Billionaires’ Ball: Gluttony and Hubris in an Age of Epic Inequality
The concentration of wealth today in such a small number of hands inevitably created a dynamic that led to freewheeling financial speculation—a dynamic that produced similarly disastrous results in the last great age of inequality, in the 1920s. Such concentrated economic power reverberates throughout society, threatening the quality of life and the very functioning of democracy.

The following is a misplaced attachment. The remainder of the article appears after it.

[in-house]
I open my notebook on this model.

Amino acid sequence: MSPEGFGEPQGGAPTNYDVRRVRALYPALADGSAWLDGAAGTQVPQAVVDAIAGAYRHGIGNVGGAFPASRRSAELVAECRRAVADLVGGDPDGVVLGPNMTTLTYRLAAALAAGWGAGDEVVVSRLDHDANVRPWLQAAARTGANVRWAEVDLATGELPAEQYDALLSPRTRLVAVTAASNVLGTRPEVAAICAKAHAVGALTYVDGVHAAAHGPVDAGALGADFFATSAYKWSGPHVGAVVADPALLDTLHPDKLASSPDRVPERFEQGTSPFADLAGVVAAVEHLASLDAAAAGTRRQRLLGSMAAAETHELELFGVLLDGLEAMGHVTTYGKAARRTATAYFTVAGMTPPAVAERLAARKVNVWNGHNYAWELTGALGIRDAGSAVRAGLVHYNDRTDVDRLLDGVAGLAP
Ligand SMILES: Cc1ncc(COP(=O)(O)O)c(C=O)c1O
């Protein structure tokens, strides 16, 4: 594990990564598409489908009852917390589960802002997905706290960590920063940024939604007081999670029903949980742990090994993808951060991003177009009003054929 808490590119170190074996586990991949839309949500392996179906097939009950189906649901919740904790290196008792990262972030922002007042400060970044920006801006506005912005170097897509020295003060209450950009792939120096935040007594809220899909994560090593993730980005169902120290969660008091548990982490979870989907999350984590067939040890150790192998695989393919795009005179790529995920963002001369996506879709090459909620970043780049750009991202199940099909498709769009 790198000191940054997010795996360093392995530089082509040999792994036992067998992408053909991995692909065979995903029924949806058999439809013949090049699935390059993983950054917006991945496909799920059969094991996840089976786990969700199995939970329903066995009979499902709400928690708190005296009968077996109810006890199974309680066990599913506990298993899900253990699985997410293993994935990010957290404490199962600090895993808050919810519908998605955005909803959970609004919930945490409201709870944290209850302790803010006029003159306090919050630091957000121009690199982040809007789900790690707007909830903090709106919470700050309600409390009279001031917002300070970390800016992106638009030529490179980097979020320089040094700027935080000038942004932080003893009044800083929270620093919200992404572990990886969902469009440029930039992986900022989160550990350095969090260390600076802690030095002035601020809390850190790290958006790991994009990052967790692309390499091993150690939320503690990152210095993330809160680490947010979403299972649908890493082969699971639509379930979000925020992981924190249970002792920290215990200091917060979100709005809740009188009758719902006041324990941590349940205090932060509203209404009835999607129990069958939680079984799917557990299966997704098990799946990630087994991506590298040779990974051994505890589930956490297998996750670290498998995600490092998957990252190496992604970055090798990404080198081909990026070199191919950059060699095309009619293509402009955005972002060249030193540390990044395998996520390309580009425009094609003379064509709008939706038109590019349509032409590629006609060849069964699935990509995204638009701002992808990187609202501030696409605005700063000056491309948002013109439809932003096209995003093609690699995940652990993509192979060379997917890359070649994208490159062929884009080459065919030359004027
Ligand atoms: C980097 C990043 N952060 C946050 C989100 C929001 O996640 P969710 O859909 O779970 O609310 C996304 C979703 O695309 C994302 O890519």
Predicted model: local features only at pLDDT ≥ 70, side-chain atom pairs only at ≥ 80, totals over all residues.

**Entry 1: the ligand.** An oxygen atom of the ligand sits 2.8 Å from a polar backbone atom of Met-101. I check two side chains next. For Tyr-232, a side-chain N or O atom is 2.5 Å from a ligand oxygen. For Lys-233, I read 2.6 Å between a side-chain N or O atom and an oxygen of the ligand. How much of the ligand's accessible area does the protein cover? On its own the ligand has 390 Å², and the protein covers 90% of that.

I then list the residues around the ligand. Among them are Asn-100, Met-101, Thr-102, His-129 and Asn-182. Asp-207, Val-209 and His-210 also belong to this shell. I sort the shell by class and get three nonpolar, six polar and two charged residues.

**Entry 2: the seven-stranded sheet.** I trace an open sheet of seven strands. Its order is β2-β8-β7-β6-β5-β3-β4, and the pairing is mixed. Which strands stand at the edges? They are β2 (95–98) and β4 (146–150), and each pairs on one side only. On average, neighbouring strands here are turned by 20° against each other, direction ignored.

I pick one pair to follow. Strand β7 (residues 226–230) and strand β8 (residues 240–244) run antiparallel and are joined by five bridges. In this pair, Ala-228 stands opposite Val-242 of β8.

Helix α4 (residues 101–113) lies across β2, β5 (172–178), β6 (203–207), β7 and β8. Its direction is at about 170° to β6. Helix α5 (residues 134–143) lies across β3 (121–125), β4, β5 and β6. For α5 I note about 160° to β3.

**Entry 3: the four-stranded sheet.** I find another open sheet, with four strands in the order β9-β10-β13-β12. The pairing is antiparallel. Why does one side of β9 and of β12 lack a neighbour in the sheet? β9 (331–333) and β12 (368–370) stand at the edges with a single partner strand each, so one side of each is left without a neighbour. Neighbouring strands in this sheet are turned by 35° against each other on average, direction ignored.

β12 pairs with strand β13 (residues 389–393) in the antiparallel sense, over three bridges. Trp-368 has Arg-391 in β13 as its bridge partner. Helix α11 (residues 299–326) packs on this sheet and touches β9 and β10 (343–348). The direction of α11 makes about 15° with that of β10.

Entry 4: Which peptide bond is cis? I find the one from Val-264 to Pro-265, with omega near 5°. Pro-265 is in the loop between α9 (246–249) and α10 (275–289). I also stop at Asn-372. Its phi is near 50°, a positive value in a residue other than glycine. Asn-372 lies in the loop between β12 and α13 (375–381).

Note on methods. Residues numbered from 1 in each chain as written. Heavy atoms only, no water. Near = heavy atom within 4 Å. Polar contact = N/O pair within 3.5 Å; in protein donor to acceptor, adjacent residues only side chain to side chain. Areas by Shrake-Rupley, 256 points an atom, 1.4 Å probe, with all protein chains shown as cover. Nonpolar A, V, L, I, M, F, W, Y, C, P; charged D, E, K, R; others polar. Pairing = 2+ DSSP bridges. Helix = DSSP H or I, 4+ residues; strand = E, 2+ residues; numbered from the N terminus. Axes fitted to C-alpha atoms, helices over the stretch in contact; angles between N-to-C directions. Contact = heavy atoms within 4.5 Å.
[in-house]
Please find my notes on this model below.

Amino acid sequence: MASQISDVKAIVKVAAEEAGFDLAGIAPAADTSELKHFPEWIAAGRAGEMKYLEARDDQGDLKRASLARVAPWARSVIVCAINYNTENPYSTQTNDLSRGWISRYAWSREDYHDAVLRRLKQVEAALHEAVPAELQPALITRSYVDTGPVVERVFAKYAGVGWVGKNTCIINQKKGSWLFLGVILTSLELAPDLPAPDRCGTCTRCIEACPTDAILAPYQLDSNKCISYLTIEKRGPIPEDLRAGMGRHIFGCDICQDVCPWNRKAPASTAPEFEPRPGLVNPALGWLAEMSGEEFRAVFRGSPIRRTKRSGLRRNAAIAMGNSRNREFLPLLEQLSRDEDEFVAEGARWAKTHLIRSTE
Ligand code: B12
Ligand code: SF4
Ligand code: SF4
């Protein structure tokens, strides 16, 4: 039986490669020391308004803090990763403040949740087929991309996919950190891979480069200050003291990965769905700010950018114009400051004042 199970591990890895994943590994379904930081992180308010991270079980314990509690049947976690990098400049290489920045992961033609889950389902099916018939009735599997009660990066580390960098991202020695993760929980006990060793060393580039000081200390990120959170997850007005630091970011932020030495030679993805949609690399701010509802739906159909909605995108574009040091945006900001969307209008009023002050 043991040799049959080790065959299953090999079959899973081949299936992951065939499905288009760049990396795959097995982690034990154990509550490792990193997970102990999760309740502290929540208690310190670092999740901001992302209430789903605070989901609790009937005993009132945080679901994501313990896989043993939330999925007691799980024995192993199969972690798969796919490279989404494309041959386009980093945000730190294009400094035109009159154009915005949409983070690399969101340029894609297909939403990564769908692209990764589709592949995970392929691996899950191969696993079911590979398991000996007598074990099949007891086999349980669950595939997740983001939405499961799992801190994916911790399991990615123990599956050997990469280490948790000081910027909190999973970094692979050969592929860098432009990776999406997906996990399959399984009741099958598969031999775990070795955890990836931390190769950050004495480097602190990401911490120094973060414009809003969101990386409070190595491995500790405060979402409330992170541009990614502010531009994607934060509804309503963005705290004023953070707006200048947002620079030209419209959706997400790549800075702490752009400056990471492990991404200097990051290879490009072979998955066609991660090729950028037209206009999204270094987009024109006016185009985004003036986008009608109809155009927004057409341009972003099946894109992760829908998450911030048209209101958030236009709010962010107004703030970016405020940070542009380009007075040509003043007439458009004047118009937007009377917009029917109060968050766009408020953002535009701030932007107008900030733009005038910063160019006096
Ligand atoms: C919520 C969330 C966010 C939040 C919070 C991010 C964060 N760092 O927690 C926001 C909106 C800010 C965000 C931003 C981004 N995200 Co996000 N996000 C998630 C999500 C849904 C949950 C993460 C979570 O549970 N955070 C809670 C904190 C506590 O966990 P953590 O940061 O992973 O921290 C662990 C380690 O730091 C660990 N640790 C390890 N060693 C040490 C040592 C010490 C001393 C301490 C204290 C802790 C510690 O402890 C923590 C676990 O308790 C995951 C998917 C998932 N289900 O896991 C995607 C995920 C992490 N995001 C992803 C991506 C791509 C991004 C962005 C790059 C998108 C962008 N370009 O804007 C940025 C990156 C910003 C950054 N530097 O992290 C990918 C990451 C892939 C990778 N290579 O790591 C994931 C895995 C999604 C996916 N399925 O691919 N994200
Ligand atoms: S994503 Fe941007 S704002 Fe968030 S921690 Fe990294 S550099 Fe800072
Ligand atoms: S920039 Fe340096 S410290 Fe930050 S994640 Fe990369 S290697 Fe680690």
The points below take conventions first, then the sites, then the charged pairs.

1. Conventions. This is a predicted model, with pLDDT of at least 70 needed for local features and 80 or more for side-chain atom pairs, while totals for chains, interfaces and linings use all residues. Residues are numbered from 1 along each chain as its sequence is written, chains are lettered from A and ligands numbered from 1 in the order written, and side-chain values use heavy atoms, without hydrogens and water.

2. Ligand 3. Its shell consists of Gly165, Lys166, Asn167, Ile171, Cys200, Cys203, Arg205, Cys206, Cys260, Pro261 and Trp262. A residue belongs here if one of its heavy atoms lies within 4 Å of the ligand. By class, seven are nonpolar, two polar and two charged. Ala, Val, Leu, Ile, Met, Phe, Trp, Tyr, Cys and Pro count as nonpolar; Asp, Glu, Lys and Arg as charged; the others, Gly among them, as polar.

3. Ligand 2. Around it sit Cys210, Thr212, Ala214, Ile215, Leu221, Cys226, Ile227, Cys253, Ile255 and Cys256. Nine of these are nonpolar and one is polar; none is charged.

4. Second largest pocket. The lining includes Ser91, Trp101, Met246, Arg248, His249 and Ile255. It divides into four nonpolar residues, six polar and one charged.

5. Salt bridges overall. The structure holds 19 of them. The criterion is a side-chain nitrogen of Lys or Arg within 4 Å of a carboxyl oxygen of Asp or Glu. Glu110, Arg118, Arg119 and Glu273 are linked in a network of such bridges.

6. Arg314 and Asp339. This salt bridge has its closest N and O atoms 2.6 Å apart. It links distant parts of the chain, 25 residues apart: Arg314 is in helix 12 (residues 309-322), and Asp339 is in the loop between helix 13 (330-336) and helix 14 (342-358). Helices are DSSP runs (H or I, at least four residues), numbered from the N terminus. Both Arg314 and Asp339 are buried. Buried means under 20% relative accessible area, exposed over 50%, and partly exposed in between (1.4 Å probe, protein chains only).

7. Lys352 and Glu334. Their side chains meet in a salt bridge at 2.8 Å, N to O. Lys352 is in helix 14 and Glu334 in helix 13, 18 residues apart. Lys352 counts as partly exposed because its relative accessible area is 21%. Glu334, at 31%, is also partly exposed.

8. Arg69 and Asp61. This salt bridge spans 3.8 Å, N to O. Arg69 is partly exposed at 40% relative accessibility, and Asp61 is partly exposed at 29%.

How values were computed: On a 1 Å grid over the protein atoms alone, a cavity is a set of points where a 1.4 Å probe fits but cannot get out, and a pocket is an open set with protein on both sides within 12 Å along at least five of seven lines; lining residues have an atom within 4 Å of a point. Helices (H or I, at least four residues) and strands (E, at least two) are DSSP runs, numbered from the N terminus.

As McQuaig and Brooks illustrate, it's no accident that the United States claims the most billionaires but suffers from among the highest rates of infant mortality and crime, the shortest life expectancy, and the lowest rates of social mobility and electoral political participation in the developed world.
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